- A challenge
- January 2011
- Makes 1 large panettone (20 slices)
- Takes 1 hour to make, 45-50 minutes to bake, plus rising
Panettone is a type of sweet Italian bread bursting with vanilla, citrus and candied fruit. It’s traditionally eaten around Christmas and New Year.
Need help making this? Follow our step-by-step picture guide, from Richard Bertinet, here.
- 13.3g (7.6g saturated)
- 34.1g (14.1g sugar)
- 1½ tsp vanilla bean paste
- 2 large free-range eggs and 5 egg yolks, beaten, plus 1 egg white for glazing
- 250g unsalted softened butter, plus extra to grease
- 100g golden caster sugar
- Grated zest of 1 large orange
- Grated zest of 1 lemon
- 4 tbsp full-fat milk
- 25g fresh yeast (from the bakery counter in large branches of Sainsbury’s, some health food shops or good bakeries)
- 500g strong bread flour, plus extra for dusting
- 1 tsp fine sea salt
- Pinch of freshly ground nutmeg
- 80g raisins
- 80g sultanas
- 3 tbsp golden rum
- 100g good-quality candied citrus peel, finely chopped (we like Sundora candied peel from Sainsbury’s)
- Pearl sugar or icing sugar for dusting (pearl sugar, also known as sugar nibs, sanding sugar or sugar sprinkles, can be bought from Waitrose)
- Stir the vanilla bean paste into the beaten eggs and yolks. In a large bowl, beat the butter and all but 1 tsp of the sugar with an electric whisk for 5 minutes until light, thickened and creamy. Gradually add the beaten egg mixture, whisking continuously. (If the mix begins to curdle, add 1 tbsp of the strong bread flour.) Whisk in the zest of the orange and lemon.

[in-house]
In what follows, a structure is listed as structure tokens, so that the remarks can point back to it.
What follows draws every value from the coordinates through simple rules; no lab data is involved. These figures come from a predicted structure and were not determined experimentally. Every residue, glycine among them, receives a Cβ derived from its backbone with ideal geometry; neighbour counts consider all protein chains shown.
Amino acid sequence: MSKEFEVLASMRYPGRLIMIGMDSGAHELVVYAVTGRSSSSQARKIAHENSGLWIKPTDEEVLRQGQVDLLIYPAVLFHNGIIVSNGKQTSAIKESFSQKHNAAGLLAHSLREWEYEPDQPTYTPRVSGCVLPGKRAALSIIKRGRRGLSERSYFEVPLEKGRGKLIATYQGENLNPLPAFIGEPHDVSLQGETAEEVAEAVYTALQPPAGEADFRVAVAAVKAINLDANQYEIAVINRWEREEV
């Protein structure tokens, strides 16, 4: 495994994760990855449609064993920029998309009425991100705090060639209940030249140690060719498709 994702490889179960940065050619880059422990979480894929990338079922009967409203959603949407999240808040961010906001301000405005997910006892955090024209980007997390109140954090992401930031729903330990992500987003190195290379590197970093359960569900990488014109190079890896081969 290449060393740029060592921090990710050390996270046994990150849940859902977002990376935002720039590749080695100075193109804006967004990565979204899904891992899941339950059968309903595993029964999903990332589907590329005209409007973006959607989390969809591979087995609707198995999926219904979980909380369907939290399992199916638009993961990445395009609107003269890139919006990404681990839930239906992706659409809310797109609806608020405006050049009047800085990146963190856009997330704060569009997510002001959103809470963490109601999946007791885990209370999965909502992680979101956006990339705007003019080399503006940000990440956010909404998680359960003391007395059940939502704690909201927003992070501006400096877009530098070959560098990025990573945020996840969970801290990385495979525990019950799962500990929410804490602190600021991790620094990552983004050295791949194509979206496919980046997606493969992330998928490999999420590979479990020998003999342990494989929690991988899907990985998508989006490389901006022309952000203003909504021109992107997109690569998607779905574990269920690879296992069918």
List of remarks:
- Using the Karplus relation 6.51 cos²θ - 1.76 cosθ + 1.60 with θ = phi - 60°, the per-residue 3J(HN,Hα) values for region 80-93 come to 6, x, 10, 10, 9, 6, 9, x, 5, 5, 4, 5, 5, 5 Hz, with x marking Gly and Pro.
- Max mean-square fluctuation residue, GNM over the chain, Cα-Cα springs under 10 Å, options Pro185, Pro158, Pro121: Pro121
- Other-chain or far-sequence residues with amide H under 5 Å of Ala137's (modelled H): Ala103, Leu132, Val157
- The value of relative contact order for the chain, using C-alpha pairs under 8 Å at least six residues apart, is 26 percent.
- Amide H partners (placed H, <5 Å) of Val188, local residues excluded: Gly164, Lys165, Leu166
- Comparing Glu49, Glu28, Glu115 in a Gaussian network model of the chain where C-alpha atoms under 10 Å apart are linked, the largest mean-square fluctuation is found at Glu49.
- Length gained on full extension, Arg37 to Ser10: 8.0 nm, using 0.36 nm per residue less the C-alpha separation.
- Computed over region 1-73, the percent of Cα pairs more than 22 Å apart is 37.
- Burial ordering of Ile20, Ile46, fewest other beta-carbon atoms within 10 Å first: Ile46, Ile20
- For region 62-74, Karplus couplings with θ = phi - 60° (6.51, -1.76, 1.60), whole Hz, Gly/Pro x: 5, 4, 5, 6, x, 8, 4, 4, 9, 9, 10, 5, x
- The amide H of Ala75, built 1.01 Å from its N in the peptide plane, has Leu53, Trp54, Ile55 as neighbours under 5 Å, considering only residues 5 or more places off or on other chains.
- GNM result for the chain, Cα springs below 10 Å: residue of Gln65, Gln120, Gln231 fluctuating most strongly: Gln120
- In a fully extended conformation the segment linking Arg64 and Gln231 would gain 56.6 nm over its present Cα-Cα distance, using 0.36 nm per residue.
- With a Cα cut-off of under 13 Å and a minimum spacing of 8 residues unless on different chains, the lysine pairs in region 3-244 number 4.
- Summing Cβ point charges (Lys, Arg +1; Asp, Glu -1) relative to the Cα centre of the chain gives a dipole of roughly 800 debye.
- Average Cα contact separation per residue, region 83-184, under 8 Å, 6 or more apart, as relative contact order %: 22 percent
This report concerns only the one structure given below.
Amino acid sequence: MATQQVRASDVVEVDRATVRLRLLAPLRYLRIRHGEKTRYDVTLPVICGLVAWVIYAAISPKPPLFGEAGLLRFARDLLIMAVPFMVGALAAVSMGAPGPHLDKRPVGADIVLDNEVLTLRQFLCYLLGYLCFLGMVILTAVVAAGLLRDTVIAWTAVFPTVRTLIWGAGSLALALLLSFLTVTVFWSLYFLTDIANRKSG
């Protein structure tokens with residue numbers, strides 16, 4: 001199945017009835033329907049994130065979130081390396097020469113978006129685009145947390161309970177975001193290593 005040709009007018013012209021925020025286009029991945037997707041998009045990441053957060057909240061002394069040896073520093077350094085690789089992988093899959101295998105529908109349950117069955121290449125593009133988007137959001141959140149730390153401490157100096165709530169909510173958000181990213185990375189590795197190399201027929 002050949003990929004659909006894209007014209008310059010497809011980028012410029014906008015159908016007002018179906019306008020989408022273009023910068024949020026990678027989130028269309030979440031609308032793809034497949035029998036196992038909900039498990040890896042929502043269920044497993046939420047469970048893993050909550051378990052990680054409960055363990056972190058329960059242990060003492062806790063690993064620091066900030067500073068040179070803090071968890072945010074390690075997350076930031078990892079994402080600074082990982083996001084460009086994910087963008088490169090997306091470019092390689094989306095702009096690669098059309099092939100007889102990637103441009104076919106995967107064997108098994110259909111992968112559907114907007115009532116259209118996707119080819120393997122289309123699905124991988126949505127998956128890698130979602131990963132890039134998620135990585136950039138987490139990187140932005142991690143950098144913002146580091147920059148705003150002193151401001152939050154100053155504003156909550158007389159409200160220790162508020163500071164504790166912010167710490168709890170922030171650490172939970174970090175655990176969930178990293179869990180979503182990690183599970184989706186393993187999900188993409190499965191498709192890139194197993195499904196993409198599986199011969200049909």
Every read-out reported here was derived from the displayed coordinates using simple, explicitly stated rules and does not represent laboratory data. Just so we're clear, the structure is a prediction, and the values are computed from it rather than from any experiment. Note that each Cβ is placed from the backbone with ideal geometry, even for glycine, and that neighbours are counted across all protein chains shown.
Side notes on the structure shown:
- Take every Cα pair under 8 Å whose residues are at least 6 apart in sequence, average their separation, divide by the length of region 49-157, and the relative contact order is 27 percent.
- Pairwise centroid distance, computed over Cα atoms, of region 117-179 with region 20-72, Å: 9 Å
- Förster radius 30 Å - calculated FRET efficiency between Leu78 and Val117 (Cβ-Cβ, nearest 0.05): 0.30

- Warm the milk in a pan until tepid, then transfer to a small bowl. Crumble over the yeast, then add the 1 tsp reserved sugar. Stir until the yeast has dissolved, then set aside for a few minutes until the yeast activates and froths the milk.
- Sift the flour, sea salt and nutmeg into a large bowl. Make a well in the centre, pour in the milky yeast and quickly mix through the flour. Add the whisked butter and eggs, folding in with a large spatula to make a soft, sticky dough.
- On a floured surface, knead the dough for 10 minutes until silky and smooth. The dough will initially be very sticky but, fear not, worked with floured hands and on a floured surface, it will eventually come together. Form into a ball, then place in a lightly floured bowl and cover with cling film. Leave in a warm place (an airing cupboard is ideal) for 1½ hours or until doubled in size.
- Meanwhile, put the raisins and sultanas in a small pan with the rum, bring to a simmer, stir well, then remove from the heat and leave to plump up as they cool.
- When the dough has risen, tip onto a floured surface. Knead for a minute or so, then begin to knead in the raisins, sultanas and candied peel until evenly distributed. Form the dough into a smooth ball and place it in a 20cm loose-bottomed round cake tin or a ready-made panettone mould (see tips). Cover loosely with cling film. Leave to rise for 2 hours in a warm place until the dough has tripled in size. Meanwhile, preheat the oven to 200°C/fan180°C/gas 6.
- When risen, brush the top of the panettone with egg white and sprinkle with the pearl sugar, if using. Wrap a double layer of baking paper around the outside of the cake tin or panettone mould, high enough so it extends 10cm above the sides of the tin or mould. Secure with string.
- Place on a baking sheet and bake for 15 minutes, then reduce the temperature to 180°C/fan160°C/gas 4 and bake for 30-35 minutes more. It’s ready when a skewer inserted in the centre comes out clean. (You may need to cover the top with foil after 20 minutes’ cooking to prevent it browning too much.)
- If your panettone is in a tin, cool for 5 minutes before turning out, then leave on a wire rack to cool. Otherwise, cool completely in the mould on a wire rack. Dredge with icing sugar if you didn’t use pearl sugar. Slice and serve with a cup of espresso or a chilled glass of Vin Santo.
For more helpful tips, check out our how to make panettone guide.
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